“There is a time for everything; and a season for every activity under heaven:
A time to love and a time to hate, a time for war and a time for peace.”
Ecclesiastes 3:1, 8 (N.I.V.)
Modern day, small town America, baseball, hotdogs and apple pie, county fairs, farms, trucks and John Deere tractors and one woman willing to take a risk. In the courtroom that made up the county’s Family Court the judge asked the middle-aged woman who sat in the witness stand one final question, “Are you willing to have your heart broken if the biological parents decide to fight this adoption? It could happen; you have to be aware of that fact, either parent could show up to claim their parental rights.”
Although he was a judge in Family Court he wasn’t asking the question to be mean, but to make sure the woman and her husband understood the risk they were taking in trying to adopt the child. There was no hesitation as the woman answered, “Yes, yes I am.” She’d asked herself the same question a thousand times over the last few months.
The only thing she knew for certain was that this little girl needed her in a way only she could fulfill for that moment in time. The rest she was taking on faith. That God wanted her and her husband to do this she was certain. She was also certain she could not know the mind of God and she might discover that God was calling them to this role in this child’s life for only a season. For now, that would have to be enough.
There had been miscarriages. There had been many Mother’s Days when she had gone home from church with a token because she was a woman and to not have included her would have made her stand out even more. There had been envious and hungry stares at little babies held in proud Mama and Daddy arms. But she took the chance to mother this child, not out of desperation or a way to fill her own needs but a way to fill the needs of this child.
In another time and on the crowded streets of Jerusalem a woman pushed her way through the crowd surrounding The Teacher. She was a woman sick with an illness that caused her to bleed continuously and she had done so for twelve years. Every penny she had she’d spent on doctors. She did not get better, she got worse. Because she was considered unclean by Jewish law she was not allowed to live with her family or enter the temple. To society she was an outcast.
Someone told her about Jesus. He was a Healer like no physician on earth. He caused the blind to see and the deaf to hear. At His word the lame walked and the demon possessed were freed. “Surely,” she must have thought to herself, “surely such a Prophet can heal me!”
The chance was great. The risk was huge. But somehow she believed that this Jesus was different. “If I touch his clothes, I will be healed.”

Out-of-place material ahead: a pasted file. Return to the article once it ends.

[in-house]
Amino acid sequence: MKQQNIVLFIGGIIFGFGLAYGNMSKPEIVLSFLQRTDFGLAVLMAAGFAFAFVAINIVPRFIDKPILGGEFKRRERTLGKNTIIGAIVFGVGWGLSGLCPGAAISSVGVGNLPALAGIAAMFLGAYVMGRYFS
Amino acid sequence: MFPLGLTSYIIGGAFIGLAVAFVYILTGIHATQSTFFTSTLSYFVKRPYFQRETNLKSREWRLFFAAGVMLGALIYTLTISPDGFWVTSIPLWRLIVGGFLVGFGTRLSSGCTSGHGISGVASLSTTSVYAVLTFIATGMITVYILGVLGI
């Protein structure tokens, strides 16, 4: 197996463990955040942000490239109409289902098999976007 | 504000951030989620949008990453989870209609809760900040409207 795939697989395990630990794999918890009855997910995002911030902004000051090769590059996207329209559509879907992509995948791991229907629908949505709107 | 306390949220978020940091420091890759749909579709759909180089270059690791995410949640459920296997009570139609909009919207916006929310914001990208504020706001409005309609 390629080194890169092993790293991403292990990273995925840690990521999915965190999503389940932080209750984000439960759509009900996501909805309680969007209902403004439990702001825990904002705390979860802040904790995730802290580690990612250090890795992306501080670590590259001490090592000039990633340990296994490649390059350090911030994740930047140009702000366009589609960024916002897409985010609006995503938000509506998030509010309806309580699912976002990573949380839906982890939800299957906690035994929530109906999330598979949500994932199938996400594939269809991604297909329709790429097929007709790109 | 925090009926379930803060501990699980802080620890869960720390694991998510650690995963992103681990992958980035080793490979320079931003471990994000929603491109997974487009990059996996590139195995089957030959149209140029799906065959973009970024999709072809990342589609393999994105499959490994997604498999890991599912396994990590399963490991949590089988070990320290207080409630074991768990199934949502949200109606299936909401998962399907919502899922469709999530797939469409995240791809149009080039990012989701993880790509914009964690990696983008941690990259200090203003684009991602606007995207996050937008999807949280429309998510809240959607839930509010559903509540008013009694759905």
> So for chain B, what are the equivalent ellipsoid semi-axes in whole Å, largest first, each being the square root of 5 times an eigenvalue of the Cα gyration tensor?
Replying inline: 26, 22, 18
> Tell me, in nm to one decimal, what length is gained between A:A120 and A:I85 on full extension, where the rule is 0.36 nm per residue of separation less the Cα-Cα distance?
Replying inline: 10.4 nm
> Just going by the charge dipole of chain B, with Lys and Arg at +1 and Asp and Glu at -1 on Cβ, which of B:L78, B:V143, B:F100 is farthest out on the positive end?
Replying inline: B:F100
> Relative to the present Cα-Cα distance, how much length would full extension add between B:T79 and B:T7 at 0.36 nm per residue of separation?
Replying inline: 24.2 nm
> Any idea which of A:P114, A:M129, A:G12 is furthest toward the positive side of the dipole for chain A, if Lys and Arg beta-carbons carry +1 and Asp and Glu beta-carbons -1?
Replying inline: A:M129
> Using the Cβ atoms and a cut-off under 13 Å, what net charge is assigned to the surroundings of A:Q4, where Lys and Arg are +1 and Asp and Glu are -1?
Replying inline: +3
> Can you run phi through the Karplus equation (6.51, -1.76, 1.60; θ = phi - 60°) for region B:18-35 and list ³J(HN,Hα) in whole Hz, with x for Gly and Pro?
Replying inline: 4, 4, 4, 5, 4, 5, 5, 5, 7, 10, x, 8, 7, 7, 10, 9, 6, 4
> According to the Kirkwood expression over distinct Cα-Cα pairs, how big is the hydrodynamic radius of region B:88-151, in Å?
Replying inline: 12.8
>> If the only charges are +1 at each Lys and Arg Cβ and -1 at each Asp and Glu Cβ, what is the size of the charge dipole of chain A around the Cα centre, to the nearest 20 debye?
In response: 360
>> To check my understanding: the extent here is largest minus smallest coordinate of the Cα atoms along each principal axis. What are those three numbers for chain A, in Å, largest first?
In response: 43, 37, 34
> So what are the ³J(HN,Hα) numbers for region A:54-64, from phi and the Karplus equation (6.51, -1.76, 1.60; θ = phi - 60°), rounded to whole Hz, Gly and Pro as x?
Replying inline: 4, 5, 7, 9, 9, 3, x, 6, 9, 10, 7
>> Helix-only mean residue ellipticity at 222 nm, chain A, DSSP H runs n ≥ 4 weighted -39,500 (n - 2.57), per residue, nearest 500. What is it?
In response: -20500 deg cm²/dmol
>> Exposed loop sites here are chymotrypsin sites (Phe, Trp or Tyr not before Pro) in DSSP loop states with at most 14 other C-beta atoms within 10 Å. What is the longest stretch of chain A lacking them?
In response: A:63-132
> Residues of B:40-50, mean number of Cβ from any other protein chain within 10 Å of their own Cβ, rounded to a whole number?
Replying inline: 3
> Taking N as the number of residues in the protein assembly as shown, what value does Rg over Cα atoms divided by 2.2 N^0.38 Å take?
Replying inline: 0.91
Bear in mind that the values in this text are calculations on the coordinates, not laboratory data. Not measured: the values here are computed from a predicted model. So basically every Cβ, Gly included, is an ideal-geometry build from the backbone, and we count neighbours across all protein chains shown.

So she put it all on the line and pushed her way near enough to just brush the hem of Jesus’ robe with her fingertips. “At once Jesus realized that power had gone out from him. He turned around in the crowd and asked, “Who touched my clothes?” His disciples tried to tell him in the press of humanity around him anyone could have brushed against him but Jesus knew that this touch had been different. In this touch there had been great need and great faith. Jesus kept looking around for the one he knew existed. Of course he could have pointed her out but he waited for her to step forward. She did.
Terrified she fell at his feet and told him everything. “He said to her, ‘Daughter, your faith has healed you. Go in peace and be freed from your suffering.”
“Therefore I tell you, do not worry about your life, what you will eat; or about your body, what you will wear.”
“Do not be afraid, little flock, for your Father has been pleased to give you the kingdom.”
“For where your treasure is, there your heart will be also.”
Luke 12:22, 32, 34 (N.I.V.)
Again back in modern day America in the parking lot of a mid-size city in Alabama where we watch a white car park in a handicap parking space and turn off the car’s engine. The woman inside opens the back driver’s side door and it is then we realize there is a wheelchair in the floorboard of the car, leaning against the back seat. The chair’s back anti-tip wheels leave the car first, followed quickly by the rest of the wheelchair crashing to the ground.
Inside the car the woman behind the wheel grins and said to herself, “Sometimes you’ve got to be willing to take a few scratches if you’re going to get anything done.”
Before long she has gotten the chair off the ground and is pulling herself up the ramp into the building. A new scratch added to the paint job of her car but a sense of gratitude that God gave her the ability to put the scratch on her car to start with in her heart.
“Jesus replied, ‘No one who puts his hand to the plow and looks back is fit for service in the kingdom of God.” Luke 9:62 (N.I.V.)
“Sometimes, you have got to be willing to take a scratch or two or create a scratch or two to have God fulfill His will in your life.”